2012 in Review
2012 in Review
In Toronto, 2012 kicked off with a victory for popular mobilization and a defeat for Rob Ford's service-slashing budget. Montreal faced its first police homicide, with the killing of Farshad Mohammadi, a Kurdish immigrant from Iran who had been coping with post-traumatic stress disorder. An insightful story on the growing number of organizations that refuse to respond to questions from the Canadian Security and Intelligence Serivce (CSIS) shone a light on Canadians' rights in dealing with CSIS's tactics. In Nova Scotia, residents have long been accustomed to Nova Scotia Power's—and parent company Emera's—high rates and unsustainable use of coal-fired energy. In the first of an ongoing series, the Halifax Media Co-op dug into Emera's questionable dealings on the island of Grand Bahama, where skyrocketing prices and destructive power surges have left residents scrambling for electricity. Dominion writer FrÃ©dÃ©ric Dubois discovered that a vaunted part of Quebec's Plan Nord was another case of public costs for private profit.
Foreshadowing a spring and summer of unrest, the city of Montreal began to feel the effects of major protests, including a blockade of the stock exchange against the privatization of public services, and the beginning of what would be a months-long student strike. In Nova Scotia, the ongoing environmental catastrophe of Boat Harbour raised the question of environmental racism, as runoff from a local pulp and paper mill continued to flow into the backyard of the Pictou Landing First Nation (and has been for the past 45 years). The Dominion's February investigative feature shed light on the working conditions at Canada's meat-packing plants. In Vancouver, a town hall meeting challenging gentrification in Vancouver's Downtown East Side saw a confrontation with restaurateur and developer Mark Brand of Save-on-Meats fame. The voices of the four Afghan women killed in the Shafia family murder were given centre-stage in a touching piece from Arash Azizi. Haitian photojournalist and Dominion contributor Jean Ristil Jean Baptiste died. Ristil, who suffered massive personal loss during the earthquake of 2010, was "one of the unsung heroes of the Haitian press" who "survived shootings, beatings and arrests to show CitÃ© Soleil to the rest of the world," according to US journalist Kevin Pina. Dawn Paley reported on the continuous fight that the residents of San JosÃ© del Progreso were waging against Fortuna Silver's gold and silver project, after years of protest and violence from pro-mine parties. An exposÃ© put Canada's prison system under the microscope, examining the changes in Canadian criminal law that is opening the door for a private-prison industry based on growing inmate populations, less federal funding and dropping prison labour wages.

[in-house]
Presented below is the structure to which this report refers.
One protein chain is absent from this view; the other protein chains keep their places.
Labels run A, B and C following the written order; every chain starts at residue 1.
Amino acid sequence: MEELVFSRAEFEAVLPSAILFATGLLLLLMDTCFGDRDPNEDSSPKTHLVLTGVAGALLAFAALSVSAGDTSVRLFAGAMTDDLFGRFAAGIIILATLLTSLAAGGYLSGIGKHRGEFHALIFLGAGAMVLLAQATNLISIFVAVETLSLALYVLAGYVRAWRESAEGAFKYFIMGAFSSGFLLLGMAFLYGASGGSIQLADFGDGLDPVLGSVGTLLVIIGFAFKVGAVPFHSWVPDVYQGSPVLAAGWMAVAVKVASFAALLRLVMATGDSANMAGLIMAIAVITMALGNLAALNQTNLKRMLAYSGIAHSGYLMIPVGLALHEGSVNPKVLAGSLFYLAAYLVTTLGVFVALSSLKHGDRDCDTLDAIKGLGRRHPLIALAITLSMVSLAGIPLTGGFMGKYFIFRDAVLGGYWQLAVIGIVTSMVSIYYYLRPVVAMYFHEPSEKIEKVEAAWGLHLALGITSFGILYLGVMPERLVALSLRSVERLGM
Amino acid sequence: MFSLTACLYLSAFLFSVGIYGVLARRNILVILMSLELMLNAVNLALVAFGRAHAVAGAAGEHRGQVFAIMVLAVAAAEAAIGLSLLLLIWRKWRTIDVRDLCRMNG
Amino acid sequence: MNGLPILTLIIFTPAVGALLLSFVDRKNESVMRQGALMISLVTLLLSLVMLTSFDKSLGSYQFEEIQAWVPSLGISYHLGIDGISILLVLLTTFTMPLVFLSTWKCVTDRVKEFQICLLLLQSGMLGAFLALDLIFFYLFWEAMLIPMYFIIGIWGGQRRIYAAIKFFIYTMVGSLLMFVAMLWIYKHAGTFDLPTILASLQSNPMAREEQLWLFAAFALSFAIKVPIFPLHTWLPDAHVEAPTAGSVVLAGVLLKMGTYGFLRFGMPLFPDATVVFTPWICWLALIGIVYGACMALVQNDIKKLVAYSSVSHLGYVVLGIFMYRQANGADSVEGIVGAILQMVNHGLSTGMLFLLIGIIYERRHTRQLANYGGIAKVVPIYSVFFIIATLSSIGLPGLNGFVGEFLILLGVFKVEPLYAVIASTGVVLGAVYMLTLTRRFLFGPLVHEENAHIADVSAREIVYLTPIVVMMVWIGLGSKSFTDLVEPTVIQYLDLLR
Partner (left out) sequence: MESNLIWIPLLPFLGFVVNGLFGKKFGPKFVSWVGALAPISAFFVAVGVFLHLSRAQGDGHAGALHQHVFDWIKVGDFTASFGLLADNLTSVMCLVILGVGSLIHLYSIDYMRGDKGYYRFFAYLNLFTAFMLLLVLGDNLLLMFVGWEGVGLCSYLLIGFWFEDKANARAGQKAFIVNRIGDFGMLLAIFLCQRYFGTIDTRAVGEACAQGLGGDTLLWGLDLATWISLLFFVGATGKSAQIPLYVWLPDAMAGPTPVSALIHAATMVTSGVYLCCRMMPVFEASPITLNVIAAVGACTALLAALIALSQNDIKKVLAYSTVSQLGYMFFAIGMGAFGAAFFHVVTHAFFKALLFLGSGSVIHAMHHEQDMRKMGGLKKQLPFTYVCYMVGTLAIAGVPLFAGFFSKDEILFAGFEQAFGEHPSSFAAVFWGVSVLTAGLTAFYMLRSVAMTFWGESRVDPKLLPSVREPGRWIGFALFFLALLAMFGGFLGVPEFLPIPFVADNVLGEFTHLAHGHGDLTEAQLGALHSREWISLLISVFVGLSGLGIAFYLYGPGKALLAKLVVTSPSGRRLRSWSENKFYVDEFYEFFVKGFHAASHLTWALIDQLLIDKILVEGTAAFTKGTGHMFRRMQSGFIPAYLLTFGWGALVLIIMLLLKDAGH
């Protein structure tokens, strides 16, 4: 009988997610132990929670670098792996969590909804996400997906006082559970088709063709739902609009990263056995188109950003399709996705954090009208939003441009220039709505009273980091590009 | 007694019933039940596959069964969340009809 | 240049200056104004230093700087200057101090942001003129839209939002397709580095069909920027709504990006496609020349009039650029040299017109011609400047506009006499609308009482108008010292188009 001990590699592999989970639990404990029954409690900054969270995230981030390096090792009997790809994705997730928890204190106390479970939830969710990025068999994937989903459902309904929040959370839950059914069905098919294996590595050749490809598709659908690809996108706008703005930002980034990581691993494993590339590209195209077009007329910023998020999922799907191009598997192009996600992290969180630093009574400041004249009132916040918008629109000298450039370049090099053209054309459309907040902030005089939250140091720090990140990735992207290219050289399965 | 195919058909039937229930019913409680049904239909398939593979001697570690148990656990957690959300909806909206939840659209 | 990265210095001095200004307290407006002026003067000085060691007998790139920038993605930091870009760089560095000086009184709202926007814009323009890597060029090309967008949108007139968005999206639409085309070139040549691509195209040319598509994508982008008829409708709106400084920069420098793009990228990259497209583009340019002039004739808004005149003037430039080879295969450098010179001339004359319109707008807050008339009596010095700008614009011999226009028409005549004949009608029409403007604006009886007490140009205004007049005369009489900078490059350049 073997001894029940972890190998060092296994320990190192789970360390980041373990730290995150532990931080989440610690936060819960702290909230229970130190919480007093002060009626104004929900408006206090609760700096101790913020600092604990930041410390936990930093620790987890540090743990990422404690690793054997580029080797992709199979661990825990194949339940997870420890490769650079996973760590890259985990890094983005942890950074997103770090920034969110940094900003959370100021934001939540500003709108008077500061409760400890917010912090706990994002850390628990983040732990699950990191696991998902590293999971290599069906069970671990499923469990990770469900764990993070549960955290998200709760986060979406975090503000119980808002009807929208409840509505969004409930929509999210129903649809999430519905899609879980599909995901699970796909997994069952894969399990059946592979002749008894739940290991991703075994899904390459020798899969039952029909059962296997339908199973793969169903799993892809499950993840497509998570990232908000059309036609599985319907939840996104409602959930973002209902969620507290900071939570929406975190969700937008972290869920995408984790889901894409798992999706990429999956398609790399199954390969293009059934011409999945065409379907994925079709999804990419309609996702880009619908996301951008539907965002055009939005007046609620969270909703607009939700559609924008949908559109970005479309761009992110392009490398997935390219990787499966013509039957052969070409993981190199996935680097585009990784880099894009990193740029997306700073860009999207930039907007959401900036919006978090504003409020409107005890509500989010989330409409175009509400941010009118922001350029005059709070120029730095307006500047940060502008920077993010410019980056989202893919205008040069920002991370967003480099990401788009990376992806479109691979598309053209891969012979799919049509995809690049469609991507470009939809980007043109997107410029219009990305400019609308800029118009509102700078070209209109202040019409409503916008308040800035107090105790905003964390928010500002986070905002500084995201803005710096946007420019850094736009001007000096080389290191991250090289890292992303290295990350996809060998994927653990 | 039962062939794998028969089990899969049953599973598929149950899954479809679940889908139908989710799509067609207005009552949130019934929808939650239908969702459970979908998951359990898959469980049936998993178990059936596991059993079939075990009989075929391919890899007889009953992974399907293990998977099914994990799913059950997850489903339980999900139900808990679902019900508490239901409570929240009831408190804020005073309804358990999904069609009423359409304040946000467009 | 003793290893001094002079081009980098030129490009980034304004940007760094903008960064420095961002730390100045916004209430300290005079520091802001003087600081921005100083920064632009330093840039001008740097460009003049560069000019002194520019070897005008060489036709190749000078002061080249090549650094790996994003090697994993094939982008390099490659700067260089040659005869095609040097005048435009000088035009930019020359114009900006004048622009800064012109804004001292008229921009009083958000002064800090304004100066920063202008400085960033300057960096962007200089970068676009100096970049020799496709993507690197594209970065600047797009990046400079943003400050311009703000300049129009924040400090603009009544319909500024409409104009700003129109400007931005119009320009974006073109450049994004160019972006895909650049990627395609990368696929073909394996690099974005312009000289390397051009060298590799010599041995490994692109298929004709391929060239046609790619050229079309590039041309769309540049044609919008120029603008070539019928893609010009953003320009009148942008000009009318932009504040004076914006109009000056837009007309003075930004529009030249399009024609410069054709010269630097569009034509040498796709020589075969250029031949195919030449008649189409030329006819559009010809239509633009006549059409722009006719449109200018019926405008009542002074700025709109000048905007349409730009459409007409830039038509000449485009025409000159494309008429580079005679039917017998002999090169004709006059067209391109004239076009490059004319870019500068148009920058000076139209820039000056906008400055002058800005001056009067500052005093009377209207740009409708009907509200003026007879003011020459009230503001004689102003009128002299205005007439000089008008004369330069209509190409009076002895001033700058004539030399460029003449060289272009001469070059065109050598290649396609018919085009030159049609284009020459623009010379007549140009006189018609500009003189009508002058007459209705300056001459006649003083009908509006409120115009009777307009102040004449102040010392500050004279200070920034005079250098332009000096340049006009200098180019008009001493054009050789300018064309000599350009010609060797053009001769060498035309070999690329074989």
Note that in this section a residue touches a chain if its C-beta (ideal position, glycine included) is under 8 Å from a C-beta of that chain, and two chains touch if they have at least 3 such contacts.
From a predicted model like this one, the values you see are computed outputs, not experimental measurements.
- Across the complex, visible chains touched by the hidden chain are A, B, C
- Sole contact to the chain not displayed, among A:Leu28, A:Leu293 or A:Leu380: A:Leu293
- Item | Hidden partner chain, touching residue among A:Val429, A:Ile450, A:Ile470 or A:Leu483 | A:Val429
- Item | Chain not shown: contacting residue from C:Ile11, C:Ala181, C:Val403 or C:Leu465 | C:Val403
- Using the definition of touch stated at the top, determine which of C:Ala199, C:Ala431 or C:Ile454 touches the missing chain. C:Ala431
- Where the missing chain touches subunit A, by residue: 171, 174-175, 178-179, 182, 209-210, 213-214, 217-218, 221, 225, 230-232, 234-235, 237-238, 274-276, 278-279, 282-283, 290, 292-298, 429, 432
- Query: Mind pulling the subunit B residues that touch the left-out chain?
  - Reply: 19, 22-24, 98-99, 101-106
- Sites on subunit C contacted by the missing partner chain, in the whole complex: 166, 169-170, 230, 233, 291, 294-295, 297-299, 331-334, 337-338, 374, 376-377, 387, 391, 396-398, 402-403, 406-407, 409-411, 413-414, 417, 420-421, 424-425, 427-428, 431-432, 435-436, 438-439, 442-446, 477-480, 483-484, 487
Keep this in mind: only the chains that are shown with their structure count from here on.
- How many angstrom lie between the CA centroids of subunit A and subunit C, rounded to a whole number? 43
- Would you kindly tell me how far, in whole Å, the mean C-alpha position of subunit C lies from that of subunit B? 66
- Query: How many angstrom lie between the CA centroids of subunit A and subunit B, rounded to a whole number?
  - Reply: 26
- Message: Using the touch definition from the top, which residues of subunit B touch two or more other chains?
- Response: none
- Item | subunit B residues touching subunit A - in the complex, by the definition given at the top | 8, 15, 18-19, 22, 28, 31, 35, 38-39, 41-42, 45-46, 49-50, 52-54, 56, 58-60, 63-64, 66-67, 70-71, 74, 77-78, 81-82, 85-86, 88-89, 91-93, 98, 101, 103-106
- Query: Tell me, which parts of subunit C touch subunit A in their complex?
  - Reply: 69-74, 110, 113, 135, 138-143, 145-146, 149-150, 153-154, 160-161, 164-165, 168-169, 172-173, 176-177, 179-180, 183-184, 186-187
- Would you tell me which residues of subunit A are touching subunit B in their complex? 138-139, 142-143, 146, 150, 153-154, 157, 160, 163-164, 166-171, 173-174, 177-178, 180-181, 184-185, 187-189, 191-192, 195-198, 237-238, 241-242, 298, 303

With exclusive access to Freedom of Information documents, The Dominion featured the story of Wally Fowler, an African-Nova Scotian who was exposed to years of racism in the Canadian military, and a potential cover-up of his treatment by top military brass. Undercover police tactics, including using intimate relationships to gather information, were questioned. The Toronto Media Co-op exposed police brutality against activists. The Vancouver Media Co-op reported on the Musqueam nation, as an occupation began on the site of a proposed condo development slated to be built on an ancient burial site. In Montreal, 200,000 came out to the first major protest of the Quebec student strike against tuition fee hikes, making it one of the largest demonstrations in Canadian history.
The Dominion examined the importance of recovering Indigenous languages, and the Vancouver Media Co-op covered the increasing number of rallies against pipelines and tankers off the Canadian west coast. Across Canada, refugee rights activists occupied MP offices to protest Bill C-31, the “Refugee Exclusion Act”. Reporter Tim Groves revealed that a new police weapon, a sonic canon, was rushed through the approval process for use on protestors at the 2010 G8-G20 summits. The Vancouver police made plans to avoid a repeat of the 2011 Canucks Riot by decentralizing potential celebrations turned sour. The Quebec student strike hit week 11, with thousands in the streets and the government blocking negotiations. Long-time gay rights activist and Media Co-op member Raymond Taavel was murdered in Halifax as he tried to break up a late-night altercation. The next day, more than 1,000 people poured onto Gottingen Street to mourn his passing.
Sandra Cuffe asked whether enough attention was being paid to the Residential School Truth and Reconciliation Commission as it crossed the country with marginal interest from the Canadian public. With deep cuts to the environment that have become synonymous with the Harper Government, Sheldon Birnie explored an otherwise overlooked victim of austerity: the cuts to Library and Archives Canada. Popular support turned against the Quebec Liberals after they voted in a draconian anti-protest law. And while radical student unions in Quebec began to unsettle the power structure, an open letter questioned whether the Canadian Federation of Students was radical enough in representing the rest of Canada's student population. In Vancouver, the Musqueam re-occupied a condo construction site after traditional graves were desecrated, while in Southern Ontario Six Nations fought a new Samsung wind-energy project.